He is one of the pioneers in drawing the features of critical Syrian theater; Duraid Laham the Syrian actor and thinker took a part in co-writing the play of Rain Maker in year 2011.

It has its first opening right before the crisis that turned into a war. Laham, influenced by a special character from his childhood, co-writes the play about this small Syrian village that has one of her sons with limited mind capabilities; "retarded" as they lightly refer to him. This "special" man is called Caesar. Caesar in reality, back from Laham's childhood memories, has always planted candy where other kids dig after and eat, but he have never given up on his dream in planting the candy trees.

This innocent pure relationship with the ground is what inspired the story where draught hits the village; everyone searching for rain in his/her own way, people of the village go for the witchcraft and mystical ways, but not Caesar; he digs up in ground convinced that rain will not come down from sky but up from right down his feet; which eventually turns to be very true reaching the groundwater and rescue his village.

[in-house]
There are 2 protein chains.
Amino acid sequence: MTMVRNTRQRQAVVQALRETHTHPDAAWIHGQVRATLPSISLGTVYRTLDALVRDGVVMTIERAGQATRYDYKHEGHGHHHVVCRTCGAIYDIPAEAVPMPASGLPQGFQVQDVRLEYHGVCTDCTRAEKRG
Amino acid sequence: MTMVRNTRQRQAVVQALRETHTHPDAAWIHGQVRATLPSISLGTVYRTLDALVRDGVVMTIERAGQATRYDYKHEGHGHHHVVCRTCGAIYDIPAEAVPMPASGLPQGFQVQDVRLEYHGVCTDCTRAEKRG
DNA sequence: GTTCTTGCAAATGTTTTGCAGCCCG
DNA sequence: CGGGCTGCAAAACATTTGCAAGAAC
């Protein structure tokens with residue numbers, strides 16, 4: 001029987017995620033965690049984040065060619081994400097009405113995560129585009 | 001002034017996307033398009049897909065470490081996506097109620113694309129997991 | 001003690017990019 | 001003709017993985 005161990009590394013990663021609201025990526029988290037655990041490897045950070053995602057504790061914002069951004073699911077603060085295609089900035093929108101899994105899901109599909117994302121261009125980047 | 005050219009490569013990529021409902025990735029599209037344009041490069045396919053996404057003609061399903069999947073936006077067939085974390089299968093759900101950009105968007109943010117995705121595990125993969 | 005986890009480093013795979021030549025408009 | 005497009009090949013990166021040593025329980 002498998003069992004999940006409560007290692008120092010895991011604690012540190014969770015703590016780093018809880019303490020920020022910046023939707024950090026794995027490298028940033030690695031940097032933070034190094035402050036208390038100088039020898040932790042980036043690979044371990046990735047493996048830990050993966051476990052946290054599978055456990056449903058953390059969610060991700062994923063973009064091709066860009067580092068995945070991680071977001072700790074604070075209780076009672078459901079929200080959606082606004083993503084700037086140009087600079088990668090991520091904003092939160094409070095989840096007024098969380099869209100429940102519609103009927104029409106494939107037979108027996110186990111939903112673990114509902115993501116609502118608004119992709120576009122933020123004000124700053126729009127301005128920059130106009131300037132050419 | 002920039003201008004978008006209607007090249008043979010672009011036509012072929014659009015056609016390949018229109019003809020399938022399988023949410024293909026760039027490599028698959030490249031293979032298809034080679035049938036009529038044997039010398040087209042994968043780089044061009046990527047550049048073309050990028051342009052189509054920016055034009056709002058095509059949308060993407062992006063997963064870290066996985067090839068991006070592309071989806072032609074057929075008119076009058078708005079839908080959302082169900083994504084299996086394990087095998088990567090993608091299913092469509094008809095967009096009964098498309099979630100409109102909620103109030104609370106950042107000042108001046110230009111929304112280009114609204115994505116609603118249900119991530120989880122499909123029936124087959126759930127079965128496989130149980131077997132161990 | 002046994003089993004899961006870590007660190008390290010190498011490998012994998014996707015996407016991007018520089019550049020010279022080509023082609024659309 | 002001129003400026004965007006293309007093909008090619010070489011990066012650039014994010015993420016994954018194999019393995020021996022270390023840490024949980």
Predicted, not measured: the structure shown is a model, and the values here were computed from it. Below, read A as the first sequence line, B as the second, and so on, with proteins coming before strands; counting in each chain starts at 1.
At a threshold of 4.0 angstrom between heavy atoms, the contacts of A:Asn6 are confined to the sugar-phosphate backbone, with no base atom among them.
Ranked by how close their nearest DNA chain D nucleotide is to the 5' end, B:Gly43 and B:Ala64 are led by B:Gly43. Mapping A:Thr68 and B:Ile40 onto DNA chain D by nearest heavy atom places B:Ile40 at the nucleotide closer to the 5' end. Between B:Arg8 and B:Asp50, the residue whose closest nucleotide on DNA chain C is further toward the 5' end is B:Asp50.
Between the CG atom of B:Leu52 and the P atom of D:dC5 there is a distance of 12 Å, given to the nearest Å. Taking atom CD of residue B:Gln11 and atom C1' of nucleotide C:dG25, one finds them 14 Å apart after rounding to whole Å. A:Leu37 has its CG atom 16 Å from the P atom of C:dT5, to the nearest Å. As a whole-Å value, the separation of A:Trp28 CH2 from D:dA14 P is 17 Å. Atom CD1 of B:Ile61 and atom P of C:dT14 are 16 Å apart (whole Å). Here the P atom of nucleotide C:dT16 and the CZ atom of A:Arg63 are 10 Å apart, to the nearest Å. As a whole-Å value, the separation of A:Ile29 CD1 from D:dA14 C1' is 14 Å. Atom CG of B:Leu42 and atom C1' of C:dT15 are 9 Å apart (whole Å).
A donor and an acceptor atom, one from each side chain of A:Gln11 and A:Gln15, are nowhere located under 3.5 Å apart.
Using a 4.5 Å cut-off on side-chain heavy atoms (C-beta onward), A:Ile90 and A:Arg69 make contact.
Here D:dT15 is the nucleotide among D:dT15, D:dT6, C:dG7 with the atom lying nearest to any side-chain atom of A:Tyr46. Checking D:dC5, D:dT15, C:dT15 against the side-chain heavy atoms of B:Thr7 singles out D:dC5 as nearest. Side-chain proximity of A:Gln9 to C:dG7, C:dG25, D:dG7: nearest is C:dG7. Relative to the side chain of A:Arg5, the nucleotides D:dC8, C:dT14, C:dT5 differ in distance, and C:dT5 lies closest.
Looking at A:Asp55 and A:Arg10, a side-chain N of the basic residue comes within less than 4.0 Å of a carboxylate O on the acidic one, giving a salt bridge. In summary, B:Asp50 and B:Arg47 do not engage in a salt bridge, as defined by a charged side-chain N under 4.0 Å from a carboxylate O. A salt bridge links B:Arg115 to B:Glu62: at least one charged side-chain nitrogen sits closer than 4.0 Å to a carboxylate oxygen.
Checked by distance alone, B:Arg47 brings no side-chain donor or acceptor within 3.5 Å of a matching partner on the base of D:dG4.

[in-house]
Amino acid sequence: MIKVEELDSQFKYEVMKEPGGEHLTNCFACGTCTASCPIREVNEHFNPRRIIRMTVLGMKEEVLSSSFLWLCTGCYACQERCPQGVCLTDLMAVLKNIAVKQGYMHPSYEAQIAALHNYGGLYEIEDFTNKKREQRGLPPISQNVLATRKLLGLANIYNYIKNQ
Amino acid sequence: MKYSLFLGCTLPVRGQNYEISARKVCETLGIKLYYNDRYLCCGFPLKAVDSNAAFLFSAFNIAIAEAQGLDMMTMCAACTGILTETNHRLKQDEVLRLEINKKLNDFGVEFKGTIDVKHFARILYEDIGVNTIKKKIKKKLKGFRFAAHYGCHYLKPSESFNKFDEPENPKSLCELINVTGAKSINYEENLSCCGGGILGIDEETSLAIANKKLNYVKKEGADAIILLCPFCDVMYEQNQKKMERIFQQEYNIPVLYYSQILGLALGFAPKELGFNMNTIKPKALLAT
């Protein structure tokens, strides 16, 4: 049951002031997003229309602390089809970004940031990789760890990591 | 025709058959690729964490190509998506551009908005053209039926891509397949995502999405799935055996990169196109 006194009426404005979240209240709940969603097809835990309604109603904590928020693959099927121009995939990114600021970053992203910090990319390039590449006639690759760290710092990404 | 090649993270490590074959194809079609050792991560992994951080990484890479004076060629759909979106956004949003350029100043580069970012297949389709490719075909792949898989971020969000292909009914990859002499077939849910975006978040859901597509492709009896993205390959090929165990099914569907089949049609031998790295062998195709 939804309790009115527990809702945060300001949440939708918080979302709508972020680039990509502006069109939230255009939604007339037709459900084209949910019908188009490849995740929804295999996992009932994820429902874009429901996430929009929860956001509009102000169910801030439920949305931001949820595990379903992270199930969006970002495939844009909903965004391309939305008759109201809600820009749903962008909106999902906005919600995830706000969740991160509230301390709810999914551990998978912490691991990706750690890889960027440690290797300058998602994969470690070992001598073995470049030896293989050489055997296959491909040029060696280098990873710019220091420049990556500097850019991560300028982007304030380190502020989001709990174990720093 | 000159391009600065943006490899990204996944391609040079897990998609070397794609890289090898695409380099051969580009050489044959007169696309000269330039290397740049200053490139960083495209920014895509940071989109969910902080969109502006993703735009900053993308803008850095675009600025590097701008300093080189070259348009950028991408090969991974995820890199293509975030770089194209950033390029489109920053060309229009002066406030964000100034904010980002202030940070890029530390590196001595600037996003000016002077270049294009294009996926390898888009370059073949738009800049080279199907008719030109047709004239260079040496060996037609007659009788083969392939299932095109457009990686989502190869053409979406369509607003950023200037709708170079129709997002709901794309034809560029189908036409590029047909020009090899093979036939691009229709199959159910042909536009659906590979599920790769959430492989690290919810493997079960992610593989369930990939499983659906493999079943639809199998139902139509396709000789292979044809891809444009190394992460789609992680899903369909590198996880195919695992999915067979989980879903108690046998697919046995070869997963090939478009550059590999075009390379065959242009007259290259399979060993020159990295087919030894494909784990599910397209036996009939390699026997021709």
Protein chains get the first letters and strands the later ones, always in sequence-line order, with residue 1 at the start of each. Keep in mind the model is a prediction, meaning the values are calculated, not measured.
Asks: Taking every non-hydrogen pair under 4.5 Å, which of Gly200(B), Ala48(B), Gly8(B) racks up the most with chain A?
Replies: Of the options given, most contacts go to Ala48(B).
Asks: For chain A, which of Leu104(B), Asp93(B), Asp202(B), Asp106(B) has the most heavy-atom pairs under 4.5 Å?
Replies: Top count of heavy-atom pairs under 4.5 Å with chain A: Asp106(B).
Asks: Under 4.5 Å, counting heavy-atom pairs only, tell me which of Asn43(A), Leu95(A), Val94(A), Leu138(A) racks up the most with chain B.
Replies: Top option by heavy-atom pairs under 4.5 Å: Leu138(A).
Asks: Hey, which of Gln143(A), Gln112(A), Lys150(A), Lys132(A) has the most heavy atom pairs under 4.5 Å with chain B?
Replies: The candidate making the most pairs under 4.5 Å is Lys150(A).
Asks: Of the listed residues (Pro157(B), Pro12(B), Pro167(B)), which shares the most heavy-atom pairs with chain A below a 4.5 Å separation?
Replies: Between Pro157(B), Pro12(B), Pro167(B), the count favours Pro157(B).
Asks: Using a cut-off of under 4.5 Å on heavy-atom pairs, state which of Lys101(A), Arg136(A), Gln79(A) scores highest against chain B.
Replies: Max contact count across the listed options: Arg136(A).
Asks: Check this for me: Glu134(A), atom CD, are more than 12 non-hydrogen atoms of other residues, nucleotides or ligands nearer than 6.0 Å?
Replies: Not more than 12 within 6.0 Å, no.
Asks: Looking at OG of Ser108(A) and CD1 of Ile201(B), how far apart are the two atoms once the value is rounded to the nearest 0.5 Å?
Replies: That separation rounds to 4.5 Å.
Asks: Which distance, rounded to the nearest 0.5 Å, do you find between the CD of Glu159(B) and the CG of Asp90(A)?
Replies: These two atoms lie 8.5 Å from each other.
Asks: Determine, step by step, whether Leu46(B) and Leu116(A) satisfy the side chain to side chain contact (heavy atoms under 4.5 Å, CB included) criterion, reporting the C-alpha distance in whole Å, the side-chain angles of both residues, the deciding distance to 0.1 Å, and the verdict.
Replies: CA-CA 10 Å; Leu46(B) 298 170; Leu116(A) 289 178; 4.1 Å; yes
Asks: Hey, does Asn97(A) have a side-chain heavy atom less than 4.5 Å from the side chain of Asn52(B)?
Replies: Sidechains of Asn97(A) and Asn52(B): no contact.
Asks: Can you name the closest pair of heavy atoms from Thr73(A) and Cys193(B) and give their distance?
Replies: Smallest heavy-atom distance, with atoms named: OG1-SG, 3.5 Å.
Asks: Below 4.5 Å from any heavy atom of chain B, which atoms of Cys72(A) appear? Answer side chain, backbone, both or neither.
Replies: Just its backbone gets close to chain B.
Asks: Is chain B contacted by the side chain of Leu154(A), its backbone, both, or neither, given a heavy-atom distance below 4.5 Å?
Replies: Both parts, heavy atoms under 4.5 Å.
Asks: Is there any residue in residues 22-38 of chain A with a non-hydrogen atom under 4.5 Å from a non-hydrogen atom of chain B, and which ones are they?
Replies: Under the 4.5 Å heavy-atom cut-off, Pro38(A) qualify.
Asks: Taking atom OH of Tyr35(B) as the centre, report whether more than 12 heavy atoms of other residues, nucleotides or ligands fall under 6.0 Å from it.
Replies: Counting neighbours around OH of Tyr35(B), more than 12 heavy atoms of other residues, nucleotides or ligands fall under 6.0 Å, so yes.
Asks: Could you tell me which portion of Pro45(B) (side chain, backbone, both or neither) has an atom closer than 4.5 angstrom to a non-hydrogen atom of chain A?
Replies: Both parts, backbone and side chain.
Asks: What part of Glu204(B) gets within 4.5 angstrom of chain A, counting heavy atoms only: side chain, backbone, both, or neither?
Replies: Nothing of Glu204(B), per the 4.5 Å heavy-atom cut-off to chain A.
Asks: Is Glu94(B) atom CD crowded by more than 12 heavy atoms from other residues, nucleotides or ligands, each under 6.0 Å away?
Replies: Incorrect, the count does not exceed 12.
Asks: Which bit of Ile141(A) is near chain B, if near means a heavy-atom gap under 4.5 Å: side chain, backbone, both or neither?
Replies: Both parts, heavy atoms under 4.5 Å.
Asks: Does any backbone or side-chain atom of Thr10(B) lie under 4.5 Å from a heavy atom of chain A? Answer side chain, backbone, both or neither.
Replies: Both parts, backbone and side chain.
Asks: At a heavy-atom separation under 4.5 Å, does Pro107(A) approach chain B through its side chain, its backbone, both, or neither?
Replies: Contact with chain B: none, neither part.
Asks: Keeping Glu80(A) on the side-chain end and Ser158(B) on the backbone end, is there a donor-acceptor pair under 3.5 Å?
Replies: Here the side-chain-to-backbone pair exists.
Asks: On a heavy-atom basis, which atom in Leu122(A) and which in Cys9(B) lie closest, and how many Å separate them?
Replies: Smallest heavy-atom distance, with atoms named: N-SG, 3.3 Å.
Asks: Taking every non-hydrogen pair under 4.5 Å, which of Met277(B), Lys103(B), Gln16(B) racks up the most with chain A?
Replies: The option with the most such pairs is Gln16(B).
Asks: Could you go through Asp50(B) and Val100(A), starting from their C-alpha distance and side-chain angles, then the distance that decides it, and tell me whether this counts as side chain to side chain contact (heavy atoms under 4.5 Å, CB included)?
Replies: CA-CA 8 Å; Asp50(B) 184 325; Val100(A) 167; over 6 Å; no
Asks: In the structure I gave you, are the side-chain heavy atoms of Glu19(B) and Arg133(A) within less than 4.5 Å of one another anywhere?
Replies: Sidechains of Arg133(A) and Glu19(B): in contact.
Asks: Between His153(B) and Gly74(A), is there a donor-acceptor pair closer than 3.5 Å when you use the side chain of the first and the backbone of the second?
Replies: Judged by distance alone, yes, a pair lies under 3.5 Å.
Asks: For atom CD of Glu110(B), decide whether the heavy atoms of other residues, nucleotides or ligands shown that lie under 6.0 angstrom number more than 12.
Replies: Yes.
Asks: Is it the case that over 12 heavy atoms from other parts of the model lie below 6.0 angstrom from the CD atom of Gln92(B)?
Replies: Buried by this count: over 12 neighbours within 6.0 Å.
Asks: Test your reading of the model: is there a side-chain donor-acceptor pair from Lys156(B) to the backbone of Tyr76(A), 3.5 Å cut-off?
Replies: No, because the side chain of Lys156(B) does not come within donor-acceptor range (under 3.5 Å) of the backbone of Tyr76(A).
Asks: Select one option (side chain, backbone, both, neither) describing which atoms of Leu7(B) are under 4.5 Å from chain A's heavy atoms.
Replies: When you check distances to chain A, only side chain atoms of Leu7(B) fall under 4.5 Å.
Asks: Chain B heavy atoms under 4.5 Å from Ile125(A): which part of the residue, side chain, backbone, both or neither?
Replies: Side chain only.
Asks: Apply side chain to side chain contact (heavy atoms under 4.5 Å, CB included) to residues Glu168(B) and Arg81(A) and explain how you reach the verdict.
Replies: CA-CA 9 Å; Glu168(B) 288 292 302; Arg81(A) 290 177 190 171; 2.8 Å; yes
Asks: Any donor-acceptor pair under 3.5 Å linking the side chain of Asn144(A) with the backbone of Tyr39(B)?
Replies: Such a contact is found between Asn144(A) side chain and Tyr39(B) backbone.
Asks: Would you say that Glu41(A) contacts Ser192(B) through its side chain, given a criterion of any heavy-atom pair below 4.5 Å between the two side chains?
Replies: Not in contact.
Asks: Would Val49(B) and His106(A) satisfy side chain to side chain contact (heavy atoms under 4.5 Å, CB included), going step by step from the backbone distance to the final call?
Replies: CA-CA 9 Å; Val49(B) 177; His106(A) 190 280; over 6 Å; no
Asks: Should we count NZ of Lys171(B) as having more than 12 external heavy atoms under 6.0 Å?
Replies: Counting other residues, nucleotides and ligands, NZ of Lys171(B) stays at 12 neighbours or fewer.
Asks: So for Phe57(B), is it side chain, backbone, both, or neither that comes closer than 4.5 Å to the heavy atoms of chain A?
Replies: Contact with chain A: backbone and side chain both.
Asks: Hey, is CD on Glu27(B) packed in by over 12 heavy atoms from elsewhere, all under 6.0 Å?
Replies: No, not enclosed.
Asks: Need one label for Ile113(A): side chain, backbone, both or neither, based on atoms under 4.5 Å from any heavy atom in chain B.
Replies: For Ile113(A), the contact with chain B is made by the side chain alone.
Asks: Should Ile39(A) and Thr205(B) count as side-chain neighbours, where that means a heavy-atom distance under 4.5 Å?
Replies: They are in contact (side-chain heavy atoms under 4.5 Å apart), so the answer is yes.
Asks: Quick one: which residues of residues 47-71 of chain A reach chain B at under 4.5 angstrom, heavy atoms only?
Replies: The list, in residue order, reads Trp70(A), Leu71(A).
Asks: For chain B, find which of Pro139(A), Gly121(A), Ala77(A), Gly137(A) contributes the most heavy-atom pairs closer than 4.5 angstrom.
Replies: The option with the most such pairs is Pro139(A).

Duraid wanted for Arabs in general, and Syrians in particular, to always find answers for their problems on their own; never rely on imported solutions; strangely enough this was before any of what is happening now in Syria. This is not a precedent for art to anticipate reality: many art forms in Syria have already anticipated a lot of what's going on right now specially in drama and theater.

I personally was very touched with a line from a Syrian drama work in 2006 called The Waiting speaks about the ongoing suffer of the Syrian society where it says: "I am waiting, what I'm waiting for; I'm waiting to live, I'm waiting to die". Unfortunately waiting turned into exploding and led to destruction and death. But all this couldn't move Laham from his position; still hanging on in his home in Damascus he is constantly sending his message; and we join him to say: "Let it be rain in Syria".